Sign In | Create an Account | Welcome, . My Account | Logout | Subscribe | Submit News | All Access E-Edition | Home RSS

The Bird dies

April 13, 2009 - Steve Murch
Like most people, I was surprised to hear Mark"The Bird" Fidrych died today. Of course, any time someone dies in an accident itás out of the blue.

Most fans of a certain age will remember Fidrych and his antics when he pitched with the Detroit Tigers. He captured the attention of the baseball world, and lured in the casual fan, as he talked to the baseball, dropped to his knees to manicure the mound and bounced around like a kid who had too much sugar. In other words, he acted like a big kid playing a kidás game surrounded by a bunch of men.

I like to believe Fidrych understood he was getting paid to play a kidás game and he was enjoying it to its fullest.

In an freaky coincidence, the MLB Network just aired the game that introduced Fidrych to America in 1976. I watched the final three innings of that game Saturday, enjoying as much as I did the first time I saw it 33 years ago. It was one of the first times fans called for a player to make a curtain call after a regular season game.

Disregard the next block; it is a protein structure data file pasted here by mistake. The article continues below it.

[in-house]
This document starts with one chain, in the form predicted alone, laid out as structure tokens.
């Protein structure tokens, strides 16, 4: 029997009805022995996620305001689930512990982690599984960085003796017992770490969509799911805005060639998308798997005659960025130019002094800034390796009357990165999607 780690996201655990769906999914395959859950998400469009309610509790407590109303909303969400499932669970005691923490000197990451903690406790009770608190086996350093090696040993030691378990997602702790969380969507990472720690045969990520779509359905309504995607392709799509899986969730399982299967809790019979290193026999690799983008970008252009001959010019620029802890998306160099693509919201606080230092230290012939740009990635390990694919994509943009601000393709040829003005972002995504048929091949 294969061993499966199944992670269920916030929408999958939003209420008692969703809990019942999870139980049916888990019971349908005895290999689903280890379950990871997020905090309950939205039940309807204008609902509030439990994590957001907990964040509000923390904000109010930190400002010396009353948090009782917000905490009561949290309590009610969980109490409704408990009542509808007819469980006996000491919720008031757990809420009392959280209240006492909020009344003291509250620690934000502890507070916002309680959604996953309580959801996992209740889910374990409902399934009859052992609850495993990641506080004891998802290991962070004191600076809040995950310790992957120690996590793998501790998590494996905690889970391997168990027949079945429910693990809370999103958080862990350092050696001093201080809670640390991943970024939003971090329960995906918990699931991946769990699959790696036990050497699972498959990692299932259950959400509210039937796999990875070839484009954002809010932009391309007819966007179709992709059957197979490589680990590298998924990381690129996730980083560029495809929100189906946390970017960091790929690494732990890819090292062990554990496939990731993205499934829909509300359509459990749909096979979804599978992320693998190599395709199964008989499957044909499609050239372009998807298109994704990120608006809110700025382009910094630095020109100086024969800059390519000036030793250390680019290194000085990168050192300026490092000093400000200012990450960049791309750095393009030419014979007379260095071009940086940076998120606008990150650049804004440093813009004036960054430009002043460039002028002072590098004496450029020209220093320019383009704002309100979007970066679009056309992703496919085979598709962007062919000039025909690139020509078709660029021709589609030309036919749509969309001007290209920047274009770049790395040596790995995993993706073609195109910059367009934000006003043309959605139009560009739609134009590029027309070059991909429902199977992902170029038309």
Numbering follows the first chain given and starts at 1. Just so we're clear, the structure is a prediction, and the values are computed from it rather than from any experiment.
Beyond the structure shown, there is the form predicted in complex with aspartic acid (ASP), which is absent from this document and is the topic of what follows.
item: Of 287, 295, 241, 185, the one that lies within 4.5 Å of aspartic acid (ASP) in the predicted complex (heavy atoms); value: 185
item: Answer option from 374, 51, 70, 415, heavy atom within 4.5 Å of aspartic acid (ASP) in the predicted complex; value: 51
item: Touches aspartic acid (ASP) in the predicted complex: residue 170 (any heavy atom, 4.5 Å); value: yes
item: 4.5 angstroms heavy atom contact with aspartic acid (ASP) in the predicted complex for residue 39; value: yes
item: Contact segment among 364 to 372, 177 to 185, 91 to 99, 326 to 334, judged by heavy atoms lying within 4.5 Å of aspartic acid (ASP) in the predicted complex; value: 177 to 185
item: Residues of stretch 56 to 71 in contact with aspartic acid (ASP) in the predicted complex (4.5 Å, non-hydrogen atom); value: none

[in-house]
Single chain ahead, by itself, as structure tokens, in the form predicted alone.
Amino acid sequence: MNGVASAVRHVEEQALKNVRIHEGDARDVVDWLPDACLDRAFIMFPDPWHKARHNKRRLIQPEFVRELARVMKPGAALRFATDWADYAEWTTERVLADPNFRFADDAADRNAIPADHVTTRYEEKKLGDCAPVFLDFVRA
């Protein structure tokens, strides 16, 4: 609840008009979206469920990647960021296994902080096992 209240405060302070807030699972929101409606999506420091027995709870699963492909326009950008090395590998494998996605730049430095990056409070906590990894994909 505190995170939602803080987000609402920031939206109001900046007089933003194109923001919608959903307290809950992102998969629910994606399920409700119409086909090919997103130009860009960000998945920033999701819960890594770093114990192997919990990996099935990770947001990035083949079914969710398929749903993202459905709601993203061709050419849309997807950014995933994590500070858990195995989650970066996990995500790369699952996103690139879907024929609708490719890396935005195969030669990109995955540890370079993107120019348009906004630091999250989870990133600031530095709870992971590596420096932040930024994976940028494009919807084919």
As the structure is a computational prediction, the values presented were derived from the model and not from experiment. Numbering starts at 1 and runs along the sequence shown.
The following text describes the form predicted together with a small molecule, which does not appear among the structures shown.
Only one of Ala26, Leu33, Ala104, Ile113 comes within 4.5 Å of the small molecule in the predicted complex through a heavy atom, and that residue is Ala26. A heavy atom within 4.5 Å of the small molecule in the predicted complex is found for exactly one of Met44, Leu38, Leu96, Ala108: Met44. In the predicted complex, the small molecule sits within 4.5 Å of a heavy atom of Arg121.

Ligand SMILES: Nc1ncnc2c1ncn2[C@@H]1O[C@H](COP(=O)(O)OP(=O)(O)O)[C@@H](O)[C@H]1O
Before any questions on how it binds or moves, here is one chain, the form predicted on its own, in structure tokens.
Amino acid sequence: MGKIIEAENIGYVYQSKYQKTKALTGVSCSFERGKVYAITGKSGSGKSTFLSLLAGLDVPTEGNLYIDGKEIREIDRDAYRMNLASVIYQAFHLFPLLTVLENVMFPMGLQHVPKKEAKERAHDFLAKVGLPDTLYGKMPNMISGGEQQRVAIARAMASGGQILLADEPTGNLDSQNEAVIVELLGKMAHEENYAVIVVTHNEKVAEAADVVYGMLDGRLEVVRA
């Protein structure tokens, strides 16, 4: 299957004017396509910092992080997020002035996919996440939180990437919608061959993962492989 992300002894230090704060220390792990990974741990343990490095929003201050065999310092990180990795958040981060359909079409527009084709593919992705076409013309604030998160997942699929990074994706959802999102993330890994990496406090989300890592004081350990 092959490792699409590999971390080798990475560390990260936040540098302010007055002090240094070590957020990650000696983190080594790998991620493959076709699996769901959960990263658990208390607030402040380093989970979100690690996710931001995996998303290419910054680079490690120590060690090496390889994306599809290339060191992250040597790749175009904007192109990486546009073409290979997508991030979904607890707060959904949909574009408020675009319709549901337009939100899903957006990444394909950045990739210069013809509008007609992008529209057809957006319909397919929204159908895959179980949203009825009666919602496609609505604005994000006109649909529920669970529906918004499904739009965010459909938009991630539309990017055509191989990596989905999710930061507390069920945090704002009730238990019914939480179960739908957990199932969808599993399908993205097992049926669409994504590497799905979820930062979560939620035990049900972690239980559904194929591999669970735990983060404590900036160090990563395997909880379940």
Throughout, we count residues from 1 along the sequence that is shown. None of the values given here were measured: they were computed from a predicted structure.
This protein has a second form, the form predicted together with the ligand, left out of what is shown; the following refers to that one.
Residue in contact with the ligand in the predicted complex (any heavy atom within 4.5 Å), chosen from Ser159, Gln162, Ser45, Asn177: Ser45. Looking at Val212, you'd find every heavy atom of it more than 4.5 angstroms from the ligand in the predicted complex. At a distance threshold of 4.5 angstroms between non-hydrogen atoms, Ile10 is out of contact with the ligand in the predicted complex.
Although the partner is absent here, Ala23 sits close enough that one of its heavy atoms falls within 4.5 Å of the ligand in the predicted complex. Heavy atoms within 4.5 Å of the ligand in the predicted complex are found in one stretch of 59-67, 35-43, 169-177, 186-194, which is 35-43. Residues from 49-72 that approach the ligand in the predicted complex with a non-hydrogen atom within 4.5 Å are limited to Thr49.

The summer of à76 was a fun one for Tigers fans and Fidrych was the reason. He won 19 of his 29 starts that year and was the reason Tiger Stadium was packed on a regular basis. He started the all-star game as a rookie that year, and along with Ron LeFlore and Rusty Staub gave the Tigers three starters that year.

He went 19-9 with a 2.34 ERA that year and finished his career with a 29-19 with a 3.10 ERA. Injuries cut short his career. He had 24 complete games that year, and I firmly believe that Ralph Houk, the Tigers manager that year, had a hand in his arm troubles by having him complete so many games that year.

I was at a game Fidrych pitched that year. Tiger Stadium was packed and loud. And the Tigers lost. Even though the fans were disappointed in the outcome, they were entertained by Fidrych. He will always have a place in the hearts of Tigers fans who saw him or cheered for him in the summer of 1976.

Rest in peace Mark Fidrych.


Article Comments

No comments posted for this article.

Post a Comment

You must first login before you can comment.

*Your email address:
Remember my email address.


I am looking for:
News, Blogs & Events Web